Del State’s Dr. D. Patterson’s op-ed on mask mandates
The USA Today network recently published the following op-ed by Dr. Donna Patterson, Chair of the Department of History, Political Science and Philosophy, on the importance of wearing masking during the ongoing COVID pandemic.
Like it or note, mask mandates help our war against COVID-19
By Dr. Donna Patterson
Over the Thanksgiving holiday, Americans learned of a new COVID-19 variant, B.1.1.529 — Omicron. Early reports highlighted Omicron’s many mutations, and it was soon confirmed by research and medical record-keeping that Omicron spreads three to five times faster than the Delta variant. Given Omicron’s highly infectious nature, it was all but certain that it would spread rapidly across the globe.
Pandemics can be contained in a number of ways, including shutdowns and vaccines, but also with foundational public-health interventions such as masking, testing, and contact tracing. Mask use in particular is critical to reducing infections in the face of a respiratory illness than can be transmitted via the air. Widespread mask usage has largely been proven to be an effective deterrent against respiratory illnesses such as strains of influenza, SARS, and COVID-19 in countries that instituted widespread mask usage. COVID-19 numbers were already rising before the Omicron variant began spreading.
This week, Gov. John Carney, renewed the mask mandate in Delaware. This follows a recent state of emergency as Omicron cases rise in the state. In recent weeks, Delaware has faced compounding threats from record COVID-19 infections, overfilled hospitals and business closures. It is good to see Delaware make a bold step to try to begin curbing the state’s rising infections through indoor mask mandates. Even if some feel inconvenienced, masking is a less invasive way to protect our children and others in the community.
During a recent videoconference with governors, President Joe Biden said that states would lead the response to the Omicron surge: “[t]here is no federal solution. This gets solved at the state level.” As governors and other state officials in Delaware, Connecticut, New York, Louisiana and others make bold pandemic response policies, it is important that they get full federal support. Hopefully, other states will join some of these efforts to begin containing Omicron infections.
States, cities and towns across the nation are breaking their previous COVID-19 infection-rate records, surpassing the numbers recorded in 2020 and 2021. The average rate of daily rate of infection in the U.S. is more than 650,000 cases. Evaluation projects that without immediate and strong interventions, more than 3 billion of the globe’s inhabitants could be infected with COVID-19 in the next three months. While we hope that this scenario is unlikely, wishes alone will not prevent these projected numbers.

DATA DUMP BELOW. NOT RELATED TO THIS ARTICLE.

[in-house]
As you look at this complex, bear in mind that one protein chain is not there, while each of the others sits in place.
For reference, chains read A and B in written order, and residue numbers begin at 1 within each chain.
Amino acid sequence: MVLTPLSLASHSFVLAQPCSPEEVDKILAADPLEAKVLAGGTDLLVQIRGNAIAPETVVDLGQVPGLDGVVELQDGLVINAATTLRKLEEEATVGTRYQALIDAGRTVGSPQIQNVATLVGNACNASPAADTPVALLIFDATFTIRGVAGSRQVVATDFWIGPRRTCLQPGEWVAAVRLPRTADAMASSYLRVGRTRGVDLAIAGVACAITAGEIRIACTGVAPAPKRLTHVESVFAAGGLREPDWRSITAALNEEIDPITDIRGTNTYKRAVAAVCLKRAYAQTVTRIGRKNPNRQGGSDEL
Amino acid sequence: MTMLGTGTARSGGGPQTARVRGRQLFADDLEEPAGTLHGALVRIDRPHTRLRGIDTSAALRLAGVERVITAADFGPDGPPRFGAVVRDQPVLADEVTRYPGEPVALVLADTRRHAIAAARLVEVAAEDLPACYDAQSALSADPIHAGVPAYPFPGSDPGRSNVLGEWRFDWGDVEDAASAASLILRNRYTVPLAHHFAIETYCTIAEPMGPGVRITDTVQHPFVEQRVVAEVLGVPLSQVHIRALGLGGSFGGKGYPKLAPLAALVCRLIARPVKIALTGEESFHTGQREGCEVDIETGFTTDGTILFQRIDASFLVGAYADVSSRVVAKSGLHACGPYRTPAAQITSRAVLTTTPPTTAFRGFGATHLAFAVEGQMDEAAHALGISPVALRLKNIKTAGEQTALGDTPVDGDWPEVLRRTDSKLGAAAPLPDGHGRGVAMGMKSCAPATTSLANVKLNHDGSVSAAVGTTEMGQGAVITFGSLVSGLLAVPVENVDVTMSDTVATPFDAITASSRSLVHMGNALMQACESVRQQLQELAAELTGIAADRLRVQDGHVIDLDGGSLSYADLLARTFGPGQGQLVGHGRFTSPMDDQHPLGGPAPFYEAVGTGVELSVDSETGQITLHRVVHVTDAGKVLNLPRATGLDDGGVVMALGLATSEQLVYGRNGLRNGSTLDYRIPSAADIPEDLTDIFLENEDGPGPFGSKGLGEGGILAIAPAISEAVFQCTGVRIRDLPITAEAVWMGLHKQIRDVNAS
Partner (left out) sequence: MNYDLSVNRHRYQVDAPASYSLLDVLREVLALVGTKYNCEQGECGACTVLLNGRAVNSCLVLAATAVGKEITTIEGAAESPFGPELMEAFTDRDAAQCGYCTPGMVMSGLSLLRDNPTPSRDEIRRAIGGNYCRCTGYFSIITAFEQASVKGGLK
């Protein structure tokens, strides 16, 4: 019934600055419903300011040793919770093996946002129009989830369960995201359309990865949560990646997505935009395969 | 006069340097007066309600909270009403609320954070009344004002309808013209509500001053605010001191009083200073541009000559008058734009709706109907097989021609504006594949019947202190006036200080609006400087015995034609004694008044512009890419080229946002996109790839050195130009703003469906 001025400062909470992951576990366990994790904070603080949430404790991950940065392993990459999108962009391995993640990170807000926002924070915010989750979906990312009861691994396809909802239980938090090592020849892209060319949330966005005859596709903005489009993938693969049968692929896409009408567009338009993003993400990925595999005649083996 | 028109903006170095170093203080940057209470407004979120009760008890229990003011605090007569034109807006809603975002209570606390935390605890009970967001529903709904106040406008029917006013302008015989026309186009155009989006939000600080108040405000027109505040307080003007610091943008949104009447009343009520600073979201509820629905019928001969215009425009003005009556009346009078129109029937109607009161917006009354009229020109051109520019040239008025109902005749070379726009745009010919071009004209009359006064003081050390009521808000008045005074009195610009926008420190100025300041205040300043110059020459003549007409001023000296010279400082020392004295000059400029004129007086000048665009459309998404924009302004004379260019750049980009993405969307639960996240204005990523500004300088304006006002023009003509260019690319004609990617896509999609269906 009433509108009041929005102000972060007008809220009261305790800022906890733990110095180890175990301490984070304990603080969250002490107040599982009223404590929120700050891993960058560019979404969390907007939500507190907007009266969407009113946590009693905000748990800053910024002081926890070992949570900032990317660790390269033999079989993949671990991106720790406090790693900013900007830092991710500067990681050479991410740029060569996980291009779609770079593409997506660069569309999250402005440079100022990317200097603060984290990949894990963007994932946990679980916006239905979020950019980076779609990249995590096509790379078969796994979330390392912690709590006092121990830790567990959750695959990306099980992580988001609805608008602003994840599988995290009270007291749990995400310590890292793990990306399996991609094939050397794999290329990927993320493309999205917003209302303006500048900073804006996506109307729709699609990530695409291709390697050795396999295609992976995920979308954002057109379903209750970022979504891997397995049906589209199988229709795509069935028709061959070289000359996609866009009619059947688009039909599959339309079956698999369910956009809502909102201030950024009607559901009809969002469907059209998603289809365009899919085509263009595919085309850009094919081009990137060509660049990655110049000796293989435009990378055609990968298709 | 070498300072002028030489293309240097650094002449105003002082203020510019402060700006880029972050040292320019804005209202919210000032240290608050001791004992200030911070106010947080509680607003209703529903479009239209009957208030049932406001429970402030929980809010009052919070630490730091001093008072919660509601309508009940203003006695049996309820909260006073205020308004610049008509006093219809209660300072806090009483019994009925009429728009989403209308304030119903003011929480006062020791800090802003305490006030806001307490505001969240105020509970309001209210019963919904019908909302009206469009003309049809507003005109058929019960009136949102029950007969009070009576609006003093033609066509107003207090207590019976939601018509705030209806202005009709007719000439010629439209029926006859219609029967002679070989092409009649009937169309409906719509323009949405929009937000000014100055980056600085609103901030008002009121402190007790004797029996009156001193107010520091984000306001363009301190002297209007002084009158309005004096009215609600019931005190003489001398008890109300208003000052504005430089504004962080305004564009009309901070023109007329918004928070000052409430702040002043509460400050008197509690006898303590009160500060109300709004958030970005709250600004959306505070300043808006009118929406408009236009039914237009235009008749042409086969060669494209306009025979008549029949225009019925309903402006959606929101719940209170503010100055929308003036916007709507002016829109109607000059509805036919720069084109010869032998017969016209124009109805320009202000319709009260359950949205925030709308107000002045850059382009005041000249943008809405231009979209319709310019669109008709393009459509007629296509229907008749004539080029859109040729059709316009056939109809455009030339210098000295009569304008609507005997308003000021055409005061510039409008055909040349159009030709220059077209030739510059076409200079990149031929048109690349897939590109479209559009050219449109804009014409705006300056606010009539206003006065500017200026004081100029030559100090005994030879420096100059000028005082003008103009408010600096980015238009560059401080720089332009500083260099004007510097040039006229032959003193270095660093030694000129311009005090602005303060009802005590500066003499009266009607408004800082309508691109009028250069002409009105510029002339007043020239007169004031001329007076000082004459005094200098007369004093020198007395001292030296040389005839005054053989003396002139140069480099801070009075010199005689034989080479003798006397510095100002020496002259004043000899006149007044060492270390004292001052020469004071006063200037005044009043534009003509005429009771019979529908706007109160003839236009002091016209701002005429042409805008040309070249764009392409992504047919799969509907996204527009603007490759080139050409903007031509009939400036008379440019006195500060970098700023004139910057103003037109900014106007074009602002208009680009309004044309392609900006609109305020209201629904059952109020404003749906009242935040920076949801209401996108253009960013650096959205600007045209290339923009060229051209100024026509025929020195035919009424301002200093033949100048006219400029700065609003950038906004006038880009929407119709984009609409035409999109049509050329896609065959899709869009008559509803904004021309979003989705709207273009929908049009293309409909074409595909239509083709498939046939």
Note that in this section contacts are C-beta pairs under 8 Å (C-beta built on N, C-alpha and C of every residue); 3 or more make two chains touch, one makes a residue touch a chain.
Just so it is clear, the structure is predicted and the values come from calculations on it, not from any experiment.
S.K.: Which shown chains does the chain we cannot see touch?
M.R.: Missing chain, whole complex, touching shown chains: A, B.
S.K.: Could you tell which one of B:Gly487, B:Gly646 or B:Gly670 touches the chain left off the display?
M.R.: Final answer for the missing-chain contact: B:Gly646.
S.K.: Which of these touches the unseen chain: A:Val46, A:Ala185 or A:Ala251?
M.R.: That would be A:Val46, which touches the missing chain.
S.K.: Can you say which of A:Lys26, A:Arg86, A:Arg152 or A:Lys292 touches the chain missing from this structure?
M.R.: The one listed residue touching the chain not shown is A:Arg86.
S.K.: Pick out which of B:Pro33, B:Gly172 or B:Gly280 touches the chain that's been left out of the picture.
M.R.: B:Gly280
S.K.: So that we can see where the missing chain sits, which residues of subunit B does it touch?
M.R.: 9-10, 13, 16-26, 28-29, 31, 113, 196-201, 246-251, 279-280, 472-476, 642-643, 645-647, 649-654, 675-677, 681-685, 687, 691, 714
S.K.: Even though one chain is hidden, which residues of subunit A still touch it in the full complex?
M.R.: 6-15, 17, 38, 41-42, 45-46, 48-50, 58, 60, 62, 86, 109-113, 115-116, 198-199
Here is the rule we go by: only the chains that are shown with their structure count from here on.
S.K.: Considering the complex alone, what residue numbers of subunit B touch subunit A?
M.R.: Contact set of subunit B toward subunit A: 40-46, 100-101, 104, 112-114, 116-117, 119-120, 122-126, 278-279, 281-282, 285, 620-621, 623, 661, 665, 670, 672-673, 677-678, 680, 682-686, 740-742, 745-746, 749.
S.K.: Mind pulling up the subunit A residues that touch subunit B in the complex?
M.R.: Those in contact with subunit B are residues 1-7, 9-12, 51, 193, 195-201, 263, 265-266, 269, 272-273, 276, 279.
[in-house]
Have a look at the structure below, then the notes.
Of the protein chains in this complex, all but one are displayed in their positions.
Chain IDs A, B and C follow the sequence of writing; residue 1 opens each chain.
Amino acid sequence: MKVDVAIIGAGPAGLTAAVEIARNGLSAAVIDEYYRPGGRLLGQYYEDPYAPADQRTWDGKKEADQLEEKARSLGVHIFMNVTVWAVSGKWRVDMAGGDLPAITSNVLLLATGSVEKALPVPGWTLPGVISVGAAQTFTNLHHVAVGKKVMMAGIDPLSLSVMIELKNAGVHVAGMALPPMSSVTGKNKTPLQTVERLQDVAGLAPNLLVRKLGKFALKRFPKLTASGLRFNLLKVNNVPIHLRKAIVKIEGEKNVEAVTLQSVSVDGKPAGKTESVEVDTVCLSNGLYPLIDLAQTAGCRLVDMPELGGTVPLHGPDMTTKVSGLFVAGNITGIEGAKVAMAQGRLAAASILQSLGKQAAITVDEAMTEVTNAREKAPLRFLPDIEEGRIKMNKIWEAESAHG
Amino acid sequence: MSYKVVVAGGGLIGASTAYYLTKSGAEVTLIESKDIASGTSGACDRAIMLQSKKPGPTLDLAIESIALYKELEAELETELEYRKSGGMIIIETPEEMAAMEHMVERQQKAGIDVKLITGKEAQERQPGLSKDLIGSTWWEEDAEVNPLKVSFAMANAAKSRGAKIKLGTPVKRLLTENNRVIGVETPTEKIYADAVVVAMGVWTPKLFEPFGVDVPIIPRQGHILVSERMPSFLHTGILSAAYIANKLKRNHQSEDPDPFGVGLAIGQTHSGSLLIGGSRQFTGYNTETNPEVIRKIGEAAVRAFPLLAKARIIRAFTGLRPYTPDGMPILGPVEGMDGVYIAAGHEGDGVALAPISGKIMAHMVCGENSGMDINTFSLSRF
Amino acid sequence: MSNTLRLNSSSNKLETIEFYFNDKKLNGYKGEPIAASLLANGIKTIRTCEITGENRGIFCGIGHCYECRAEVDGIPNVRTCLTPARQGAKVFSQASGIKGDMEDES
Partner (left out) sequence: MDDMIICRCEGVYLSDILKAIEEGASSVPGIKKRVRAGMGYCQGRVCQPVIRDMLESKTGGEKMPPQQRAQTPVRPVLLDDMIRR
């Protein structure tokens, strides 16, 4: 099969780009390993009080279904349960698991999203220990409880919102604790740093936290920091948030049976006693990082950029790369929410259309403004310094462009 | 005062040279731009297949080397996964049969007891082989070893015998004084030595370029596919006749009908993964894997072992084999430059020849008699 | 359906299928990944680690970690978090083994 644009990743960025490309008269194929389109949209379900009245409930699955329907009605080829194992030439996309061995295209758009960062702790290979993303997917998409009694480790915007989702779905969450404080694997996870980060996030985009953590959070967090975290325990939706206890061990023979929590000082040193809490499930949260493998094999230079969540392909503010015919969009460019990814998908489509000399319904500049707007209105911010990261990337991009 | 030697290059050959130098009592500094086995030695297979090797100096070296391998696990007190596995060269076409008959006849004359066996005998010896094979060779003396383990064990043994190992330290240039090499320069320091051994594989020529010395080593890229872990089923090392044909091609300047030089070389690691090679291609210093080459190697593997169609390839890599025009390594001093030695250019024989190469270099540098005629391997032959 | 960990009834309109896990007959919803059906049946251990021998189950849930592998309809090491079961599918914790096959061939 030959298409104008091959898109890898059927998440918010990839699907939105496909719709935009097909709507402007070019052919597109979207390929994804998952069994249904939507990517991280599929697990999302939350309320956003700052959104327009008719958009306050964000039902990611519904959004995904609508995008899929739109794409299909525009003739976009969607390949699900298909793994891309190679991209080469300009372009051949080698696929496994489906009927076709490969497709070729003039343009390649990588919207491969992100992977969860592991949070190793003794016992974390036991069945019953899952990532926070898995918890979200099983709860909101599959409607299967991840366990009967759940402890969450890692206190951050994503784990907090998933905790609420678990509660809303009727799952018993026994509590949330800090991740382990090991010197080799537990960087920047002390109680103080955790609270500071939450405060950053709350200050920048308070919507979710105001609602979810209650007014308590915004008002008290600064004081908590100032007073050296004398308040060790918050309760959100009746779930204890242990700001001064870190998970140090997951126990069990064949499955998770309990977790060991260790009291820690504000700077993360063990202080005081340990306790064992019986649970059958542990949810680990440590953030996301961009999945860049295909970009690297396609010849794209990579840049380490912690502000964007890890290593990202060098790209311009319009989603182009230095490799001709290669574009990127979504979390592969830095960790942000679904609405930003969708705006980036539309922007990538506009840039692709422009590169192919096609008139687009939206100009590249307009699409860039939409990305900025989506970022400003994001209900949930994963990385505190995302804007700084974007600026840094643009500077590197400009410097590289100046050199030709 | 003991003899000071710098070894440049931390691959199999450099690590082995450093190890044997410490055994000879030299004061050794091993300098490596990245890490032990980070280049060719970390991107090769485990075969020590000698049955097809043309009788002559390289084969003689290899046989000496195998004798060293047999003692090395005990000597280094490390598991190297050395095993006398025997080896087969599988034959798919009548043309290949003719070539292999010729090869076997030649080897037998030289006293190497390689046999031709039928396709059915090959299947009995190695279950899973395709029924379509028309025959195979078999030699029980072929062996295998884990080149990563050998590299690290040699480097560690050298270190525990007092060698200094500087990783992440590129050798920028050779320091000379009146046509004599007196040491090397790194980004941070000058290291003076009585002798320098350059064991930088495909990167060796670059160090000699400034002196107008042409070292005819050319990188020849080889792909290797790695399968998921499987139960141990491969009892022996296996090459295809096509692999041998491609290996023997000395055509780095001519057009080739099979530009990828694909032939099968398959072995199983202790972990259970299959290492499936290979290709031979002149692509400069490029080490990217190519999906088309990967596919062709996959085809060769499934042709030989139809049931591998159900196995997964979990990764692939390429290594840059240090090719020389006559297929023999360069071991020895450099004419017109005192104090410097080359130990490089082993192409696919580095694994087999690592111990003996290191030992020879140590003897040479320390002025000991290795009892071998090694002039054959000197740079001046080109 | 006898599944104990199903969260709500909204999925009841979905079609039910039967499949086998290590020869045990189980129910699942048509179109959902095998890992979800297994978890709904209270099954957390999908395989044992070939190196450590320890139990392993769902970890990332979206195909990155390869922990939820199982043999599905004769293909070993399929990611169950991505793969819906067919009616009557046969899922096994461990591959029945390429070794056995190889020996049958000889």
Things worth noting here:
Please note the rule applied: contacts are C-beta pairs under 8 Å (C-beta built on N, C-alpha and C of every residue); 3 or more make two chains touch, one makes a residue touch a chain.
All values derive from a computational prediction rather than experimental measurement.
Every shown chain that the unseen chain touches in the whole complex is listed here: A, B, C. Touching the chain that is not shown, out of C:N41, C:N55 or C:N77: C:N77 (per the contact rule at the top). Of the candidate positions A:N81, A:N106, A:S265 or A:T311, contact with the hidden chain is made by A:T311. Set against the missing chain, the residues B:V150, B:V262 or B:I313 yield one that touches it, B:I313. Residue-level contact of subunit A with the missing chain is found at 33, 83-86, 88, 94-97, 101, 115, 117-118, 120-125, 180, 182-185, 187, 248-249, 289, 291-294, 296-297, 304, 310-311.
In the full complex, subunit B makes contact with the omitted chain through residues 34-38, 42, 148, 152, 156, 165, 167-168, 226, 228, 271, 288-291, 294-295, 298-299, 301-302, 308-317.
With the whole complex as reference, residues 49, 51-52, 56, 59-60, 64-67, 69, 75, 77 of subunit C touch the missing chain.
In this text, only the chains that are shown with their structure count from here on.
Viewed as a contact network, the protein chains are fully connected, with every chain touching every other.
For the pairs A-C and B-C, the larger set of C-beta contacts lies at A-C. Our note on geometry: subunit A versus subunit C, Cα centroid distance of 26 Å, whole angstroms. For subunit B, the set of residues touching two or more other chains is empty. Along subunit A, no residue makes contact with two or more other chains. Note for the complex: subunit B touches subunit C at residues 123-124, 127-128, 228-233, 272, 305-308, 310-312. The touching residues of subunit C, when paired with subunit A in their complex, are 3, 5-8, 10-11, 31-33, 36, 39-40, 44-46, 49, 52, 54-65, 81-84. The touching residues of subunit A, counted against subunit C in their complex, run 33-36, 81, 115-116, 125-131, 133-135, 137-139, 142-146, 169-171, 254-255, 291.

It will take more than more states join in using masking to begin to flatten Omicron infections. Delaware, Connecticut and a few other states can’t do this alone. If the U.S. can create coordinated messaging about masking, it would lead to greater buy-in from the American public. Consistent and widespread mask buy-in, with local, state, and federal support, would be a non-invasive and relatively accessible way to protect American citizens as the numbers of COVID-19 infections and hospitalizations surge. In Europe, many countries are also facing COVID-19 surges, but many are taking more concerted measures than the U.S. is taking to try and stem the spread. For example, the Netherlands has issued lockdowns and others nations are issuing curfews. Spain is requiring indoor and outdoor facemask use.
Starting with the Trump administration in 2020 and continuing through the early months of the Biden administration, there was widespread messaging in the U.S. about how masking could “flatten the curve.” Admittedly, not everyone, including some elected officials, followed these policies but mask use was fairly widespread in many states. States that bought-in to masking saw 70 to 80% mask buy-in reaped benefits in terms of fewer COVID-19 cases through spring 2021. However, after the Centers for Disease Controls and Prevention unexpectedly lifted the mask mandate in May, we’ve seen a steady rise in COVID-19 infections. Lifting the national mask mandate was premature, and it is time for the CDC to fully review this policy and communicate with the American public on the benefits of wearing facemasks. Vaccines and pharmaceuticals alone cannot stop a pandemic spurred by a respiratory illness.
Pandemic policy in the U.S. must move beyond centering solely biomedical interventions, such as vaccines and drugs coupled with economic incentives. To allow Americans to truly learn to live with COVID-19, U.S. policy needs to more deeply center public health measures such as affordable and widely accessible testing, facemask buy-in, and proper ventilation in schools, universities, offices and stores. In addition, social distancing will be vitally important over the course of the next two to three months.
These public health measures, if instituted immediately and used in tandem with other biomedical measures, will help to lower the incidence of COVID-19. To that end, the federal government must facilitate scaled production of tests and masks and help states and institutions such as schools, universities, and small businesses with renovations needed to provide ventilation that will protect students, staff, and employees. There is no single way to stop a pandemic, particularly one of this sort, and we need to use all of the tools at our disposal.